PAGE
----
Who is depicted in the painting by Ivan Kramskoy
In the beginning you notice the raggedness of the man, who is freezing in the cold in old worn out duds, in straw shoes instead of felt boots. And he is standing there looking forward. But his eyes … are frozen, wide open. He’s not just looking, he is absorbing.
Maybe the beauty, or maybe just a branch or glistening hoarfrost on a branch.
This man just dissolved into the surrounding world. As eastern teachers would say today, he attained enlightenment in his ability to dissolve in the world.
And it is a great comfort for simple men, who in those days had very little opportunity to change anything in their lives. And even living on extremely modest means, they were able to feel the being by dissolving their mind in it, which most people are not able to achieve their whole life.
And it explains why, in Russia there are still simple men in remote villages who are willing to be content with very little, but who have realized something that most of us cannot comprehend over their whole lives. And this is a hidden power of Russia, which in the moment of danger demolishes everything in its way, not asking for anything in return.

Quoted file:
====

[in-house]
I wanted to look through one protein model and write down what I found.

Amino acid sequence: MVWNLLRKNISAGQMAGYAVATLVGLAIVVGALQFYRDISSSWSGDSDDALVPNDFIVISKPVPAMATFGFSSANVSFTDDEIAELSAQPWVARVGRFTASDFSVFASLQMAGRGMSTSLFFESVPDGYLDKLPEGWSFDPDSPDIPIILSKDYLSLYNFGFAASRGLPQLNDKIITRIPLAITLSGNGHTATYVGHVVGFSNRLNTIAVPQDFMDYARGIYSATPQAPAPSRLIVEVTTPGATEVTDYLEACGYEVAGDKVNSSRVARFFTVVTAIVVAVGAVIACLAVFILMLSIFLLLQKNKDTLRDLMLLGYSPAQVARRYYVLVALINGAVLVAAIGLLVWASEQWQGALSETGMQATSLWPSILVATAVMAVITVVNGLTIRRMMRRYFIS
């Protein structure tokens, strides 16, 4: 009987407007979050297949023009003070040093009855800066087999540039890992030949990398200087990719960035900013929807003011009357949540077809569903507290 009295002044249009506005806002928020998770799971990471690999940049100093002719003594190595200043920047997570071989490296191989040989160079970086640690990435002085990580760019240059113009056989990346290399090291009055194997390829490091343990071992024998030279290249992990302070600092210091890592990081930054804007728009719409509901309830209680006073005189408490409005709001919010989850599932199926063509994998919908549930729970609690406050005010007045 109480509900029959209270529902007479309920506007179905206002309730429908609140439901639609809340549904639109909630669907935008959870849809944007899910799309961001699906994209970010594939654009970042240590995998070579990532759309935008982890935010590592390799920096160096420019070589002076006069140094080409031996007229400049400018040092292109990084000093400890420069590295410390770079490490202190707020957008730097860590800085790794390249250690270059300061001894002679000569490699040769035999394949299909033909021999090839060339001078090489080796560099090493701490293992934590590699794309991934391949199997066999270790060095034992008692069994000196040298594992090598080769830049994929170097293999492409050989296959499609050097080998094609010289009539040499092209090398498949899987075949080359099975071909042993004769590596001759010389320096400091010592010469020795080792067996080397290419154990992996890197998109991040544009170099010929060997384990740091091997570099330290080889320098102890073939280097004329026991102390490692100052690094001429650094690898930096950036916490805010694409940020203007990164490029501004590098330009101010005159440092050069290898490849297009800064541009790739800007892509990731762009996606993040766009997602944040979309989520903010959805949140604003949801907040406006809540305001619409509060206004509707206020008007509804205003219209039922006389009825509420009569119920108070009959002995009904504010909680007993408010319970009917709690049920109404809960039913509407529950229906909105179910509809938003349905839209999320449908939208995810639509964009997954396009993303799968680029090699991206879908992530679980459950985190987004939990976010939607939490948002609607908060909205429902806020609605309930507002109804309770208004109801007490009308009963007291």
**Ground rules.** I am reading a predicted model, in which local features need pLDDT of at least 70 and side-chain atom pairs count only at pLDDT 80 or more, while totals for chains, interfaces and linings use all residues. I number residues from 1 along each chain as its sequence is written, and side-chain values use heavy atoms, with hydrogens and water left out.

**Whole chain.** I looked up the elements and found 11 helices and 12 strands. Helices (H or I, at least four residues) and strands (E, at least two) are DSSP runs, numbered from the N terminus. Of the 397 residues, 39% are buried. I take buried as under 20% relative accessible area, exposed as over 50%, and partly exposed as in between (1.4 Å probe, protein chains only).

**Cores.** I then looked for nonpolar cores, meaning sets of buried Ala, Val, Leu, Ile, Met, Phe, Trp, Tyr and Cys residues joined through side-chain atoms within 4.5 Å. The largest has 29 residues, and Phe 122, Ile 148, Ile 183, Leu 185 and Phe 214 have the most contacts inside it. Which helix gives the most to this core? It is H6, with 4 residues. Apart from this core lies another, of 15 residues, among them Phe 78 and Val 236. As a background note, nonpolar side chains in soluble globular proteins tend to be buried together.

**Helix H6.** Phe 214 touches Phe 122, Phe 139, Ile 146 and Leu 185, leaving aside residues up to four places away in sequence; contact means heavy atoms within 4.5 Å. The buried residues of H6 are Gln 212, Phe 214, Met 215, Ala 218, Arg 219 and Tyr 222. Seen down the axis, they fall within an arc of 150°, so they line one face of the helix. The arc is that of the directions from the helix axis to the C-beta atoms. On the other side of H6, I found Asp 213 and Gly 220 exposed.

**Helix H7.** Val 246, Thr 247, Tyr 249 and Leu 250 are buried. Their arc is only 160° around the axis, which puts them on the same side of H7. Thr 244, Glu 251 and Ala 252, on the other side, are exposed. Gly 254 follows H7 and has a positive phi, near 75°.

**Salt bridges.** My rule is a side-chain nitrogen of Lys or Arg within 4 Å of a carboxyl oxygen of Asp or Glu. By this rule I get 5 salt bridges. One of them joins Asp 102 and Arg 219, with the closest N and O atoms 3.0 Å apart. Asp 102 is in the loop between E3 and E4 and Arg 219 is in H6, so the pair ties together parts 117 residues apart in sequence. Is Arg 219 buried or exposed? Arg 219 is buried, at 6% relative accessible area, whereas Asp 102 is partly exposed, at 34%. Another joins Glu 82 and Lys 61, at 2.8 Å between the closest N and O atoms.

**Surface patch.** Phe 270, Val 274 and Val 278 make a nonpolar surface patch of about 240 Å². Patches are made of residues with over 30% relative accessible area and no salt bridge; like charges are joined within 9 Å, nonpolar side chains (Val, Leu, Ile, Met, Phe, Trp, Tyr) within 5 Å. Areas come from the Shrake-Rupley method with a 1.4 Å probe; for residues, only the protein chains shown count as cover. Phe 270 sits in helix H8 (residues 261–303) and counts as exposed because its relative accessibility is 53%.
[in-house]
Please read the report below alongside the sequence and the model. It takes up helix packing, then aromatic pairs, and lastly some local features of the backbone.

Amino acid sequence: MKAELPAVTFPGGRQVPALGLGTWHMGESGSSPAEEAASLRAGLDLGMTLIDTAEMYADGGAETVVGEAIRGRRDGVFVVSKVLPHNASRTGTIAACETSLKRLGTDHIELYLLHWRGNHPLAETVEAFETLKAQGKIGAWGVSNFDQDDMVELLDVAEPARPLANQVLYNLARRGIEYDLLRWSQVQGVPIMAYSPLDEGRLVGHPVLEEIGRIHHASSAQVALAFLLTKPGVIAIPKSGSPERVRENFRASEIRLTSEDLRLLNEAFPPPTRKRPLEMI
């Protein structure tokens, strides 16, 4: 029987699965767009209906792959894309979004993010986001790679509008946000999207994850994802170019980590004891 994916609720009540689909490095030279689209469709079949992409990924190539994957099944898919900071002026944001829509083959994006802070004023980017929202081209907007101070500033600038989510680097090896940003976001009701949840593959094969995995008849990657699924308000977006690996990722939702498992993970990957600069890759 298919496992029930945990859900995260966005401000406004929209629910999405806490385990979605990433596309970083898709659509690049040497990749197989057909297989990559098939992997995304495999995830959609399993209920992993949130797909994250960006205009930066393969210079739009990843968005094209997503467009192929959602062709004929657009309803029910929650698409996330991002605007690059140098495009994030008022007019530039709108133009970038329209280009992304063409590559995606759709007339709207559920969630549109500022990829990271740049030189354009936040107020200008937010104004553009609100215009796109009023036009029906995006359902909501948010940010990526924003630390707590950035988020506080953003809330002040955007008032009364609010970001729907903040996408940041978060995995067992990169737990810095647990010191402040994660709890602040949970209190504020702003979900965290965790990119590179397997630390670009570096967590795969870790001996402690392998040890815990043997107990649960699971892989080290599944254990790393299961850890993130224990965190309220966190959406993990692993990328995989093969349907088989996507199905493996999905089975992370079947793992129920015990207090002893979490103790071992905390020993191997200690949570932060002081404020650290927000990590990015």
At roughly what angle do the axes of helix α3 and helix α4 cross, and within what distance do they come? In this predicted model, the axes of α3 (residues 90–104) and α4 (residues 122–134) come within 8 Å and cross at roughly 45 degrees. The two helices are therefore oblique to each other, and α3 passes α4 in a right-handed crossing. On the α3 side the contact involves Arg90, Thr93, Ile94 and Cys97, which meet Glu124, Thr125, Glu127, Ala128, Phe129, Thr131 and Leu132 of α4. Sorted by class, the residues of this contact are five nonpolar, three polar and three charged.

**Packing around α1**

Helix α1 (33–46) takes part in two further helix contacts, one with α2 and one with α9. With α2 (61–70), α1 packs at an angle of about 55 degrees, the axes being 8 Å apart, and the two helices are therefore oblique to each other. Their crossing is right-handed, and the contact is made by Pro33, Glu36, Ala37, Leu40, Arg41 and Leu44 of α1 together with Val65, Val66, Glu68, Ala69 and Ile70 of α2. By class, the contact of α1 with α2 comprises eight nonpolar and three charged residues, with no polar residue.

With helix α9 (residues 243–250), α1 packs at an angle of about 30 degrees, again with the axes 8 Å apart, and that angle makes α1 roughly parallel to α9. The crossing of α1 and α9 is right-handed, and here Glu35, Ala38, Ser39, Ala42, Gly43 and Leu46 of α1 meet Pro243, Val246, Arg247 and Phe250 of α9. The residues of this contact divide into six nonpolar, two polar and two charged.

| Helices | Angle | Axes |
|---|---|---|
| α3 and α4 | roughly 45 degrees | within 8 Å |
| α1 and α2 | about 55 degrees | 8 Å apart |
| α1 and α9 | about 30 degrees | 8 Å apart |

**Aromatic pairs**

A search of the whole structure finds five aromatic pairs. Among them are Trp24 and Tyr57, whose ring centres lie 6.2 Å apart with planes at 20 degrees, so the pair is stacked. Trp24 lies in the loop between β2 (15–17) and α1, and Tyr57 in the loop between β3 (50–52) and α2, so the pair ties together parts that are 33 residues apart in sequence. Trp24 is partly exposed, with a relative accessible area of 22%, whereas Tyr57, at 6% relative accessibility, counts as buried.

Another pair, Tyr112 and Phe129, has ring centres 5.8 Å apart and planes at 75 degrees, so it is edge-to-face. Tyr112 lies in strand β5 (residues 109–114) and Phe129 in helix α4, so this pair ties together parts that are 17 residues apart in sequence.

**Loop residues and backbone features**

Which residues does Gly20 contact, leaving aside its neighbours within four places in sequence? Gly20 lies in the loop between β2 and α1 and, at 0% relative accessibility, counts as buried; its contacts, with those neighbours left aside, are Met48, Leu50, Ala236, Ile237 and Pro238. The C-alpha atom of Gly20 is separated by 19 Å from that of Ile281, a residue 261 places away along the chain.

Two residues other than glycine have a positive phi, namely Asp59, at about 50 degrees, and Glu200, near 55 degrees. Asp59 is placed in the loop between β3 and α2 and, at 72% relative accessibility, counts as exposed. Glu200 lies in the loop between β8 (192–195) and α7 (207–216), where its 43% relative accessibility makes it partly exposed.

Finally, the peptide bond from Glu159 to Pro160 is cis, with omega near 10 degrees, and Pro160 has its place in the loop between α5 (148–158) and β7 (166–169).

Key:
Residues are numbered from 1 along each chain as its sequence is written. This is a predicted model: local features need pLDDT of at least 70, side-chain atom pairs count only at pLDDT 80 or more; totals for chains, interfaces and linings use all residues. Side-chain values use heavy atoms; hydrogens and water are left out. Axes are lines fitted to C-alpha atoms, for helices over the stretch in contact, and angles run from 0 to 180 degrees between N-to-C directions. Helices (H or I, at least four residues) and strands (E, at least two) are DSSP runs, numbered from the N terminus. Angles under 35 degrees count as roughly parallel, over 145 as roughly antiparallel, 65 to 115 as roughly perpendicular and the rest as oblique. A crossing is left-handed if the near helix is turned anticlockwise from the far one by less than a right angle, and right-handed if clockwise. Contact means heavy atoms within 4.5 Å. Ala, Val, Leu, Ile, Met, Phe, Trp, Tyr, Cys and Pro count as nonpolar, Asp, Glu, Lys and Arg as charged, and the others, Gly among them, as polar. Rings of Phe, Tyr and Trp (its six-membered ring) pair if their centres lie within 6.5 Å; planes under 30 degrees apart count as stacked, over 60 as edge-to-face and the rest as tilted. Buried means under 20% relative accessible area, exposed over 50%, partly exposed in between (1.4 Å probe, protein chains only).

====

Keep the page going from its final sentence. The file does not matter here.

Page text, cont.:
Contemplator, oil on canvas (1876)
Russian writer Fyodor Dostoevsky saw other horizons as well in the painting by Ivan Kramskoy.
Fyodor Dostoevsky about the painting of Ivan Kramskoy “Contemplator”
Fyodor Dostoevsky in his novel “The brothers Karamazov” describes Smerdyakov, using the painting of Ivan Kramskoy:
“The artist Kramskoy has one amazing painting which is called “Contemplator”: it shows the forest in winter, and in the woods, on the road, in a ragged frock and straw shoes alost man is standing absolutely by himself; he is standing there as if lost in thought, but he is not really thinking, he is “contemplating” something. If you could just push him, he would flinch and looked at you as if just woken up but not understanding anything.”
The brothers Karamazov / Book Three / Chapter VI. Smerdyakov
Here, Dostoevsky gives a disparaging characterization to contemplators: “There are more than enough contemplators out there.”
That is, these people live in the world, but do not even understand what they live for. They are not bad, not evil, but there is not much benefit from them either. They simply go with the crowd, occasionally throwing out “tricks” that affect others. As Dostoevsky wrote, he can almost become a saint, and can also burn a village. Or even first set fire to a village, and then immediately go to atone for the sins to the Holy Land.